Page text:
The discharge decision: questions to ask
• Has a date of discharge been estimated and documented?
• Has the patient been involved or informed?
• Is the patient clinically stable and fit for discharge?
• Have transport arrangements been made?
• Are there clothes for discharge and keys on the ward?
• Have the relevant tablets been dispensed, and their purpose and regime explained to the patient?
• Has the GP, district nurses, and carers been involved/informed?
• Has an outpatient appointment been made and given to the patient?
• Is the transfer time to the discharge lounge agreed?
• Has the patient been given information about self-care and do they know who to contact if the symptoms return?
• Has the patient been given a hospital sick certificate if required?
Professional and legal implications for nurses and allied health professionals (AHP) initiating discharge
Overall legal responsibility for a patient's care remains with the named consultant during admission, stay, and discharge. However, the consultant can delegate responsibility to an appropriately qualified health professional.
When a task is delegated, the consultant/lead clinician assumes responsibility for delegating appropriately. The person to whom the responsibility is delegated takes on the commitment, and the responsibility for carrying out the task in a responsible, accountable, reasonable, and logical manner in keeping with their own professional code of conduct.
The consultant/lead clinician should always make sure that the person taking on the responsibility has the appropriate knowledge and skills. Where nurses and allied health professionals are taking on this responsibility, clear competencies and training should be developed (see list below).
The person to whom responsibility is delegated should be aware that they are accountable for all their actions. There should be clear lines of communication between the consultant/lead clinician and the health professional discharging the patient, so that they are accessible for advice when necessary.
It is recommended that the parameters of clinical/medical stability for each individual patient are agreed with the consultant or lead clinician, and recorded on a locally developed form or documented in the patient's healthcare record. This form should be completed on admission or as soon as is reasonably practical (written reasons should be given for any delay), and be subject to ongoing review. Each review should also be documented on the form within the patient's notes. The patient should be told about the content of this form, and kept up-to-date, in line with the principles of informed consent.
The nurse or AHP initiated discharge should begin only when the person responsible for discharge is confident that the patient's condition falls within the agreed parameters (see above). There should be provision on the form for confirmation that the parameters have been met. It is vital that each step of the process is documented fully and precisely. Every decision must be capable of scrutiny. Everyone involved in the discharge process must be prepared to provide a rationale for their actions.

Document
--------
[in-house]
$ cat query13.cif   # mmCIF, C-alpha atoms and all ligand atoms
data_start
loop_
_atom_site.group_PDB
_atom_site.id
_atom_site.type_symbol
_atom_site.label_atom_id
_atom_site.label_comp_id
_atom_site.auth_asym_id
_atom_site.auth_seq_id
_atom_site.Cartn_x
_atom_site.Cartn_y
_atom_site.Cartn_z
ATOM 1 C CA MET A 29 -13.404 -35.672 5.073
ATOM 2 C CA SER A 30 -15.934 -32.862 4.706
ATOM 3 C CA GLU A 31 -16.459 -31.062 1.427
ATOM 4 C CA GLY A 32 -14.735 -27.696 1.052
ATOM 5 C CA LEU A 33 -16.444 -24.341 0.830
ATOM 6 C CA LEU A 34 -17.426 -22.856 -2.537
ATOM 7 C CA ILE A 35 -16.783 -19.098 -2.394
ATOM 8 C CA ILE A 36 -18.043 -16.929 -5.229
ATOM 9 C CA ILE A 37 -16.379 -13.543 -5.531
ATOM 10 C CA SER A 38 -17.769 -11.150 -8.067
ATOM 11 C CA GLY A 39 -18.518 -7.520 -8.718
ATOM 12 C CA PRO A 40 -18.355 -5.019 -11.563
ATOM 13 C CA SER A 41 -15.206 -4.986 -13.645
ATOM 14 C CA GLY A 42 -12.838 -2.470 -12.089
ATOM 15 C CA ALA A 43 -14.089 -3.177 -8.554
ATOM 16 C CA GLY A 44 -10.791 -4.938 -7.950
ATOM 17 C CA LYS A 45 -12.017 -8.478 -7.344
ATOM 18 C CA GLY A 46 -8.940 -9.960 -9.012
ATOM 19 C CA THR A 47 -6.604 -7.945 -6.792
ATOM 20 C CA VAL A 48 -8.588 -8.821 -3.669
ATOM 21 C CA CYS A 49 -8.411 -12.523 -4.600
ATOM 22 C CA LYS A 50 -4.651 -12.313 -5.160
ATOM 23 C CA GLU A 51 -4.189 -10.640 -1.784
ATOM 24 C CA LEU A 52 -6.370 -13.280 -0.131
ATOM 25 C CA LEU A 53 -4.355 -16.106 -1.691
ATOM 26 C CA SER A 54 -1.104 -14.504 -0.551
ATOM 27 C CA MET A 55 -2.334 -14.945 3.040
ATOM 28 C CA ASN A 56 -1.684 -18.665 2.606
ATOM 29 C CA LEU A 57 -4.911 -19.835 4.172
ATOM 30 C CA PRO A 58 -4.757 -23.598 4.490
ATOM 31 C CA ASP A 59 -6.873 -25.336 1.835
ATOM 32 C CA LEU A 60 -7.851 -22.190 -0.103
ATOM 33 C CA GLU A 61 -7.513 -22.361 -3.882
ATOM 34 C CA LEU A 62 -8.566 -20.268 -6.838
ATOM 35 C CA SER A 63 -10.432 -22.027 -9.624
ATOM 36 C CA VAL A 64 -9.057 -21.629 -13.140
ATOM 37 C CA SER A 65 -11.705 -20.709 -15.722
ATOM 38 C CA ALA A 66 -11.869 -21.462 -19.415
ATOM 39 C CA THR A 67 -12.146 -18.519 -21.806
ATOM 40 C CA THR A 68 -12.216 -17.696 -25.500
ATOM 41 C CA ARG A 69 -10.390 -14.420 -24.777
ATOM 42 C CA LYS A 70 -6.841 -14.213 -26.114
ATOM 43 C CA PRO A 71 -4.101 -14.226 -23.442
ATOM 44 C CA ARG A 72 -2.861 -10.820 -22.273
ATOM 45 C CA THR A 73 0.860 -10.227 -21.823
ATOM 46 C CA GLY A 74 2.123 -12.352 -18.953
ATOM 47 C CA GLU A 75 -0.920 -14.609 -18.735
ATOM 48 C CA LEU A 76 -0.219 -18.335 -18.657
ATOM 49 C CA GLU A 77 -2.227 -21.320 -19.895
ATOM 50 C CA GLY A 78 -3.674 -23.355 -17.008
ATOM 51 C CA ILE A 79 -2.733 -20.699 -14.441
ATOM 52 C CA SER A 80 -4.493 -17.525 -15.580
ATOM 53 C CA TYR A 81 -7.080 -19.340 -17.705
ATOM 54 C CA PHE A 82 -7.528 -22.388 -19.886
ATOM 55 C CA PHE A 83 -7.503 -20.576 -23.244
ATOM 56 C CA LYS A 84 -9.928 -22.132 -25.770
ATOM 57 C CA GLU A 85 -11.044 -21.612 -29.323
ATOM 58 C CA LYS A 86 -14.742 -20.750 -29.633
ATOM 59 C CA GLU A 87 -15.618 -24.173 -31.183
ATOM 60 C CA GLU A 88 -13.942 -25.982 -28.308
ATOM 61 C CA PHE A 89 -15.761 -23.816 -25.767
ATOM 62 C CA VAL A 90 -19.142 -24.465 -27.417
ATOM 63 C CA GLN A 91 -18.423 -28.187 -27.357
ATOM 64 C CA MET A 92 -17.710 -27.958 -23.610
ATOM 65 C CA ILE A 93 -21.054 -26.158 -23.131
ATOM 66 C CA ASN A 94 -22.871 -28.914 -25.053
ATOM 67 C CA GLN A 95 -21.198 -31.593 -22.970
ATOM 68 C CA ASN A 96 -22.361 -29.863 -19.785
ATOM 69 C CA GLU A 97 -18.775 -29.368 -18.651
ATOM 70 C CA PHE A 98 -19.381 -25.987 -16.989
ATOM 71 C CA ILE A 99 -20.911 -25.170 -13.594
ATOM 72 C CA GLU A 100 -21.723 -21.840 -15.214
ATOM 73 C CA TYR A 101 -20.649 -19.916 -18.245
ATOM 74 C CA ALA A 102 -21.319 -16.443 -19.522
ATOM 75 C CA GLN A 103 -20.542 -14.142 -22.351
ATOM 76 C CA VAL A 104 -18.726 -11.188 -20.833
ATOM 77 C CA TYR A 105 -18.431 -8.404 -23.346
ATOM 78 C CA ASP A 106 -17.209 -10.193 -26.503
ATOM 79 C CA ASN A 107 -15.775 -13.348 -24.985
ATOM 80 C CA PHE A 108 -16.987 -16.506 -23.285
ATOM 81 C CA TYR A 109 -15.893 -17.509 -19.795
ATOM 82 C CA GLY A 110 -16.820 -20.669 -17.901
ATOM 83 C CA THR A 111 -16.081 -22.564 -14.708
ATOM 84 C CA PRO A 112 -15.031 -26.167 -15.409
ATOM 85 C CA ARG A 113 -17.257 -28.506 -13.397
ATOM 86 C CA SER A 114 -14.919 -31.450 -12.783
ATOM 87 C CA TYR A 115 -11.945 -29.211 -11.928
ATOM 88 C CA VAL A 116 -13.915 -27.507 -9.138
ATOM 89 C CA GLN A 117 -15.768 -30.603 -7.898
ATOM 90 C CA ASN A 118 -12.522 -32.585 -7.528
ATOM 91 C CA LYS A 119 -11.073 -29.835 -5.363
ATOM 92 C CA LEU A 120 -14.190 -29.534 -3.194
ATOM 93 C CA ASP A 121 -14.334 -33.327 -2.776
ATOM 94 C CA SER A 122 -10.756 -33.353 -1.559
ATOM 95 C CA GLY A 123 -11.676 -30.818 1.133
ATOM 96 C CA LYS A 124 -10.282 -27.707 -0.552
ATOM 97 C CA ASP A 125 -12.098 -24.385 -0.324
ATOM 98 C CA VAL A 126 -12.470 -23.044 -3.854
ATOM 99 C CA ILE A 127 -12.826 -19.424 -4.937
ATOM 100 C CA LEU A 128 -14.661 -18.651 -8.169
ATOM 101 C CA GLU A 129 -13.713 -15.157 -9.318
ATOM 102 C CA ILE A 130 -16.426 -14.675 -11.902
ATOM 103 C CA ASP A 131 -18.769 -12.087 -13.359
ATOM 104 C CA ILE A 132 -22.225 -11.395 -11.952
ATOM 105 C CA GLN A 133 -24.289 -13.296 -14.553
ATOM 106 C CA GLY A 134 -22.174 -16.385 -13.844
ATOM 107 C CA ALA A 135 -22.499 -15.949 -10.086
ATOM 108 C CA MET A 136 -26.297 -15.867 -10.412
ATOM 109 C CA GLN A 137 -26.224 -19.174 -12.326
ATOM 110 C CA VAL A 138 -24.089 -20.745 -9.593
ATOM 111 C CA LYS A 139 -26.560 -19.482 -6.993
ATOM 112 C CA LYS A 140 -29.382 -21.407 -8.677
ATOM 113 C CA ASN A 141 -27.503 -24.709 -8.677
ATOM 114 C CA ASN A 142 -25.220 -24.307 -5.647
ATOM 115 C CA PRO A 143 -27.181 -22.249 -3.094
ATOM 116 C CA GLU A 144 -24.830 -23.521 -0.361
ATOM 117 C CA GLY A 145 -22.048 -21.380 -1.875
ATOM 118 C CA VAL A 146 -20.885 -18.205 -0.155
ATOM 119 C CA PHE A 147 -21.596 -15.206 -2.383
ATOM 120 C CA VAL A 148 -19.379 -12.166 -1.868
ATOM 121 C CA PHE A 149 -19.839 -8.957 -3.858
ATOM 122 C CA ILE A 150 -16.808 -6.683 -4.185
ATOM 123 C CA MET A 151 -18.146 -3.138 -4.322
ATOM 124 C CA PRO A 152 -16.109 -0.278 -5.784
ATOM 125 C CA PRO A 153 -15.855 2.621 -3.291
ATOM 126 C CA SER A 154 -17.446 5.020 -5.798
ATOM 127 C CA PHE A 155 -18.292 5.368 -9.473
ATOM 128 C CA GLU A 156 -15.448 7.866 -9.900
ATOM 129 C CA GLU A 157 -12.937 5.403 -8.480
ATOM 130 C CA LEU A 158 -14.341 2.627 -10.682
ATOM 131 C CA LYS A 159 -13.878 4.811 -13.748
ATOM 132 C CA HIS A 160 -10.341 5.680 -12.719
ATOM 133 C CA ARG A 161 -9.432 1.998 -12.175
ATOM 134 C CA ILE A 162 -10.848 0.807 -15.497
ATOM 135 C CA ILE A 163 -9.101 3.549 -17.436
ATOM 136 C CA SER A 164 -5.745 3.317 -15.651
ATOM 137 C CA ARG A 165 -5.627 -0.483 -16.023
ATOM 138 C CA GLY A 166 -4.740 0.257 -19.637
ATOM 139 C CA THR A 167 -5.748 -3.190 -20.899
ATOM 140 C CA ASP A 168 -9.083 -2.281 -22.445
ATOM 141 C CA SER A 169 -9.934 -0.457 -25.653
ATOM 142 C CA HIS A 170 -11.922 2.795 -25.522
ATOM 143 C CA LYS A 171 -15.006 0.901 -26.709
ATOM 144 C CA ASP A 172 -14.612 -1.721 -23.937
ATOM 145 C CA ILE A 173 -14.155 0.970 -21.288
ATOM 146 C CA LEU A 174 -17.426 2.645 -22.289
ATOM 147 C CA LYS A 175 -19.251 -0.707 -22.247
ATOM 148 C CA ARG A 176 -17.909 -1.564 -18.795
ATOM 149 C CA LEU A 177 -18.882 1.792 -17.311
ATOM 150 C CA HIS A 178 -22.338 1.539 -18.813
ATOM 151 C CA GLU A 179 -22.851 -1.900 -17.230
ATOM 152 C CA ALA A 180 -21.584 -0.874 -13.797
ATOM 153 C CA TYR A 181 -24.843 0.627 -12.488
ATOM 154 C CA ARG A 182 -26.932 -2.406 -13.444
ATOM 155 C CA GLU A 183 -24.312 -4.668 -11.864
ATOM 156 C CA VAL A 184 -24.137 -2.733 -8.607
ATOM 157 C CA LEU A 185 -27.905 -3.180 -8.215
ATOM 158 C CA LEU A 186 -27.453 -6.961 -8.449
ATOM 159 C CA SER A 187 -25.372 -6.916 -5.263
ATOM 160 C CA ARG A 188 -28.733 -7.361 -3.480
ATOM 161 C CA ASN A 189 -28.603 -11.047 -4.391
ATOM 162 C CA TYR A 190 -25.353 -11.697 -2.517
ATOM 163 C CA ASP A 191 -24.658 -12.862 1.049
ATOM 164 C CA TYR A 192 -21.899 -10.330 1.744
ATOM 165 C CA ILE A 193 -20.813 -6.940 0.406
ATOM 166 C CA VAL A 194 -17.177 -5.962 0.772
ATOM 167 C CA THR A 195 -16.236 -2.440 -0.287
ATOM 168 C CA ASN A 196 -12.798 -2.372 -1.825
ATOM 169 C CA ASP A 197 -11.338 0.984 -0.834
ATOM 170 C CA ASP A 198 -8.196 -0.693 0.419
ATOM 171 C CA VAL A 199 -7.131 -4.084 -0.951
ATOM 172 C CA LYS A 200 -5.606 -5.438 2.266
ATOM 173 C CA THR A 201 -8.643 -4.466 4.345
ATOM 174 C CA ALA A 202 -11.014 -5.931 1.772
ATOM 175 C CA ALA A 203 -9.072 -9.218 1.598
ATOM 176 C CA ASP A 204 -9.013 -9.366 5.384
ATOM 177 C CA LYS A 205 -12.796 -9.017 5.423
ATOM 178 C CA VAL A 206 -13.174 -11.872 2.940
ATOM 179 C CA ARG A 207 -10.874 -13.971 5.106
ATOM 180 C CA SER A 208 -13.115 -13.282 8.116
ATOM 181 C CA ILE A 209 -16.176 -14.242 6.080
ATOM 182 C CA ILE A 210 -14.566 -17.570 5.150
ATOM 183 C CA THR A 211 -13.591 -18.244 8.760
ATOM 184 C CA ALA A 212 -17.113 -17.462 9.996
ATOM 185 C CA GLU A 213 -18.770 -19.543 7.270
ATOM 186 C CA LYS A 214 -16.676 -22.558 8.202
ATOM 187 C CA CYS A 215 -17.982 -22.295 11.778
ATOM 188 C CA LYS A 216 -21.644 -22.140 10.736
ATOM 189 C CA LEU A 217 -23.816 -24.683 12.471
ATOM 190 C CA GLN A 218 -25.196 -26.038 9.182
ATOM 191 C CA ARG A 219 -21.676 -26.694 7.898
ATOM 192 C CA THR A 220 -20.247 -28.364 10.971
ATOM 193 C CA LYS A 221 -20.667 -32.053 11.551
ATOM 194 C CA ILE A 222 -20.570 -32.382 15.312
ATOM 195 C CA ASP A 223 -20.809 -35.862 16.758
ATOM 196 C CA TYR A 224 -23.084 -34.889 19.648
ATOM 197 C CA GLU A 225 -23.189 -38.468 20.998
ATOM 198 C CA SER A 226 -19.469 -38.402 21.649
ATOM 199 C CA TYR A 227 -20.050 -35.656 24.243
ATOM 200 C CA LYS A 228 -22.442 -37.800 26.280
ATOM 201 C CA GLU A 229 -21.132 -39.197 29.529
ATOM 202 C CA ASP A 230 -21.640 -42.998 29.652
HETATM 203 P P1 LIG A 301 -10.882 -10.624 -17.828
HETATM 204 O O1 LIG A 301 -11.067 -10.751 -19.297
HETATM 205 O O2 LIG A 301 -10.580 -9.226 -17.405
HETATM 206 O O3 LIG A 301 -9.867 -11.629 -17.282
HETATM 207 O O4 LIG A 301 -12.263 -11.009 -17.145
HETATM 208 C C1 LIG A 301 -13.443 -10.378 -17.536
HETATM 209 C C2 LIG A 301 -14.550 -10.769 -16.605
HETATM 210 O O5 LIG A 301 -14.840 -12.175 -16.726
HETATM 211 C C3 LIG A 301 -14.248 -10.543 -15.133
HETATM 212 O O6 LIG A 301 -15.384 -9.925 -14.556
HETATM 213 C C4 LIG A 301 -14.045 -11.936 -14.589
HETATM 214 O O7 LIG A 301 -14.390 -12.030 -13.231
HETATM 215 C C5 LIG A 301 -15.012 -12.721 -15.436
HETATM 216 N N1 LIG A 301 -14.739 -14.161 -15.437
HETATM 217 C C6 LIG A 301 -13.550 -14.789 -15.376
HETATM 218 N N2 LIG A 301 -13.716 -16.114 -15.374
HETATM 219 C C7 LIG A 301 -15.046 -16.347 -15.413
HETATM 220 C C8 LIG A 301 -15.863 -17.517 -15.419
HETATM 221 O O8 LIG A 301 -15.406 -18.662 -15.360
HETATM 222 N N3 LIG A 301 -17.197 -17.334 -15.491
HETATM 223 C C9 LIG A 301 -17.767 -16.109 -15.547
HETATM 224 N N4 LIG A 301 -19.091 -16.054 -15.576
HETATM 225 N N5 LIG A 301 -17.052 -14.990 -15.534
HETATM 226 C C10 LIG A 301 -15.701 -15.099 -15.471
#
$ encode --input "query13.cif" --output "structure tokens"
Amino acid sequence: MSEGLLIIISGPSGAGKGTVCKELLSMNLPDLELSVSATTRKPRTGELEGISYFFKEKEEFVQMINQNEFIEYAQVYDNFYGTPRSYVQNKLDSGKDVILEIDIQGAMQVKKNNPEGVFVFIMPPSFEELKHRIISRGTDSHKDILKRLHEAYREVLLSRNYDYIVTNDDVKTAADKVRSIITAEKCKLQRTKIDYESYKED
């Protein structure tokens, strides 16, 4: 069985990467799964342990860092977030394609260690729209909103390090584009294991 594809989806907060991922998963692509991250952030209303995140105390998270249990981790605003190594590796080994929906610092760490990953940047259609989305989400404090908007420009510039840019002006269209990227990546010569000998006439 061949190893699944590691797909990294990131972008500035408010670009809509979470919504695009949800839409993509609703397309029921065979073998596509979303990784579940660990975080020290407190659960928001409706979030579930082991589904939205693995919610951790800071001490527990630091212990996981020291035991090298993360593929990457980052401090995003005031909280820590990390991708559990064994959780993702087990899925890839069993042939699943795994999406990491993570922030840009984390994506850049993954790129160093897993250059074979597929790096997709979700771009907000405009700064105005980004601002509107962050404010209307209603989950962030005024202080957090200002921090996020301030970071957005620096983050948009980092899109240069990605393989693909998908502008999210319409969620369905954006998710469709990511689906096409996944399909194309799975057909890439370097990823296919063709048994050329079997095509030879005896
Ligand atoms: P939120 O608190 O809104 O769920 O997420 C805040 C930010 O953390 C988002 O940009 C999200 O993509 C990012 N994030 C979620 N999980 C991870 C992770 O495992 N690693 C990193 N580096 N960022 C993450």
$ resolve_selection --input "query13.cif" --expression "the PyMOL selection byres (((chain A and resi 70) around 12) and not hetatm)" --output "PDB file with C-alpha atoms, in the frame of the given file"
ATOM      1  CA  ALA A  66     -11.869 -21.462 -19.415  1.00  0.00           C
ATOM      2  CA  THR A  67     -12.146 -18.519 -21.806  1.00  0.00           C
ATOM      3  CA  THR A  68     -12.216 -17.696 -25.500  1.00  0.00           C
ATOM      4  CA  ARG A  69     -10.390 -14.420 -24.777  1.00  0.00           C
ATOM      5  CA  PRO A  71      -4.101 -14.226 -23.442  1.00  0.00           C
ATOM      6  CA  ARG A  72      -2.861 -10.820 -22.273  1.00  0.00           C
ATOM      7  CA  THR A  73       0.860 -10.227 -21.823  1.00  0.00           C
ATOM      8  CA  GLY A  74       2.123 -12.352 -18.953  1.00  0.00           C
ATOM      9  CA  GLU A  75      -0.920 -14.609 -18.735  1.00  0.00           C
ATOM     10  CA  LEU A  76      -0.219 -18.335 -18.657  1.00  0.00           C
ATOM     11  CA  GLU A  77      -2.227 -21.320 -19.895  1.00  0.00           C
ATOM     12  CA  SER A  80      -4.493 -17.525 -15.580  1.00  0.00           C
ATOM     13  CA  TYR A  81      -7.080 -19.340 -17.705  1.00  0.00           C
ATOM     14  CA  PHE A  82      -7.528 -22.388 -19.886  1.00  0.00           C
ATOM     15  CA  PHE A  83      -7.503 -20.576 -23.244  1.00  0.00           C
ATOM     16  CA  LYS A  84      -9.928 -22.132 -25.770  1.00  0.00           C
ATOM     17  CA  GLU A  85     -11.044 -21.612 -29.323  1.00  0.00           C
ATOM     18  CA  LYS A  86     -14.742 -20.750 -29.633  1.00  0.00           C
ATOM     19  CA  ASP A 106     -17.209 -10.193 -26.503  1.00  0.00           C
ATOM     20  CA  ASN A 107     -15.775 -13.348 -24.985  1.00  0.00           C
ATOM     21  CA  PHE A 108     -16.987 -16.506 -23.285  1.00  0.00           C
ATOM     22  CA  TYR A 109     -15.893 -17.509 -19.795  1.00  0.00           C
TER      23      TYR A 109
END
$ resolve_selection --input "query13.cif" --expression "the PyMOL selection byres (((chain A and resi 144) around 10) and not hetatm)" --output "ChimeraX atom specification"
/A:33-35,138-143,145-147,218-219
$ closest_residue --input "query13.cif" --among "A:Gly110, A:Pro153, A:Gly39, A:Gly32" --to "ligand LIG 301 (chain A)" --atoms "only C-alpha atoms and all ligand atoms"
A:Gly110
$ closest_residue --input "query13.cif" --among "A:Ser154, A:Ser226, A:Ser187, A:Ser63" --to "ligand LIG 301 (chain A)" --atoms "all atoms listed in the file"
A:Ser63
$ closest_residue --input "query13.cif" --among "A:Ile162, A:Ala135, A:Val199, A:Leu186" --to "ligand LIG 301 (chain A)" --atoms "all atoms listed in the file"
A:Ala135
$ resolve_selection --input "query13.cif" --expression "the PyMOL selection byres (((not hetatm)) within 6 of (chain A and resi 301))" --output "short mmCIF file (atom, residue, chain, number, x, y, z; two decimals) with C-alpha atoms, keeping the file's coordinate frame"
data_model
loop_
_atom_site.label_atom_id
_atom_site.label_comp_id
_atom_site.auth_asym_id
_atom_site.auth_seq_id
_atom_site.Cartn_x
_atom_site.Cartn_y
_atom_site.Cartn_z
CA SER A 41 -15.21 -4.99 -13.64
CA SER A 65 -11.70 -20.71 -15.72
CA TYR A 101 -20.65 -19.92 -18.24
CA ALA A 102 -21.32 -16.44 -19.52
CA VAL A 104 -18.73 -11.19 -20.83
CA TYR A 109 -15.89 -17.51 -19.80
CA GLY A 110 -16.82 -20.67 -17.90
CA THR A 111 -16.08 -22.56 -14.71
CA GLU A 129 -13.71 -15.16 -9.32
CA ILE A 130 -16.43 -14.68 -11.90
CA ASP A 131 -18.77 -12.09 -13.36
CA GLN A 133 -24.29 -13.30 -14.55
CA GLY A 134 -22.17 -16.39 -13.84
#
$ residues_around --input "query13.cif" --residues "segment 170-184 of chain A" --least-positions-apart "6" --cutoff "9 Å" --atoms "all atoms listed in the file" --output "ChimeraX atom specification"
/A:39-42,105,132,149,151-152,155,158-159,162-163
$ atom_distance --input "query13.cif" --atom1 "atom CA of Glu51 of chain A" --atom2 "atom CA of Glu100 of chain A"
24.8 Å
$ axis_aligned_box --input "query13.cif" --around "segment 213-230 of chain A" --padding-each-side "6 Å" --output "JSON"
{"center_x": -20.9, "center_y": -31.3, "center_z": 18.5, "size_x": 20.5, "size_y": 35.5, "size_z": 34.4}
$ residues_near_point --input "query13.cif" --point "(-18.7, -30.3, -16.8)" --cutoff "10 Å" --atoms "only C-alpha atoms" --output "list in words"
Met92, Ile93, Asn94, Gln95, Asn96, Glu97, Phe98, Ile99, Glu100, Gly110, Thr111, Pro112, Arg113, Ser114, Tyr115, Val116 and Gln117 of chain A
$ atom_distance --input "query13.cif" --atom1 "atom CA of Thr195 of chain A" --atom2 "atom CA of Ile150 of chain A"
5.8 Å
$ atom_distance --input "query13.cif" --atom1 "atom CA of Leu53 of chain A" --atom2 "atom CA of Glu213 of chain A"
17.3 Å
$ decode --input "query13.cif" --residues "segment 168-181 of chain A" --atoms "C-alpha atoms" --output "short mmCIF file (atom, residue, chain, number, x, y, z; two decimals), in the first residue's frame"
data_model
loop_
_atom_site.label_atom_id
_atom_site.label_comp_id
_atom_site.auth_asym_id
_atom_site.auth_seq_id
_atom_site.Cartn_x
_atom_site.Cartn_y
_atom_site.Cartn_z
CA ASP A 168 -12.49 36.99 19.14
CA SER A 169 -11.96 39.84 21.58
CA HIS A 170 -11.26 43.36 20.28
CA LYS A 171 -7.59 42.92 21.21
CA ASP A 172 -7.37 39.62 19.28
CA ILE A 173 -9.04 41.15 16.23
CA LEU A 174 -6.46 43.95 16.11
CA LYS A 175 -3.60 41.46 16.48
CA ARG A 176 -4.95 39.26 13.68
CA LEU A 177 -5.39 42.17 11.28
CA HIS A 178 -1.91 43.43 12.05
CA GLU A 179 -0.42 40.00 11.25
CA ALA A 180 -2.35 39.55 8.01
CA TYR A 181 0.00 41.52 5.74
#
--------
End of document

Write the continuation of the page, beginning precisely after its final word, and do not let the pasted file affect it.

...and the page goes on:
Competencies should include (but not be limited to) knowledge of:
• The principles of informed consent
• The Human Rights Act
• The Data Protection Act
• The Community Care Act
• Professional codes of conduct.
What is intermediate care?
Intermediate care is a setting that provides a safe environment in which the patient can recover and/or participate in an individualized rehabilitation programme, to ensure a safe discharge home.
Intermediate care may be considered once a patient's treatment in hospital is complete and the clinical team feels that they are medically stable, but not quite ready to go home. Such patients may require further time to recover or may need to participate in a rehabilitation programme.
Who needs intermediate care?
• Patients who have problems with reduced mobility, following injury or illness, and who require therapy and/or confidence building to support their return home
• Patients who need to recover following illness or an operation, but who do not require an acute setting (this may also include people living in the community).
Further considerations for effective discharge
• The home loans service provides a wide range of specialist equipment to people in their own homes. Early referral prevents delay
• Eligibility for specialist equipment is based on needs as assessed by an appropriate therapist or clinician
• Specialist equipment is usually provided for a period of less than 6 months. If it is needed for more than 6 months application can be made to the continuing NHS health care facilitator.
The ward staff are responsible for ensuring that referrals to the appropriate agencies are made as early as possible. Consider the following issues for your patients when there are no identified nursing needs:
• No fixed abode
• Housing or environmental issues
• Patients or carers refusing discharge
• Decreased functional ability
• Mental health needs that may affect the potential for independent living
• Abuse of self or others
• Respite care
• Not registered with a GP.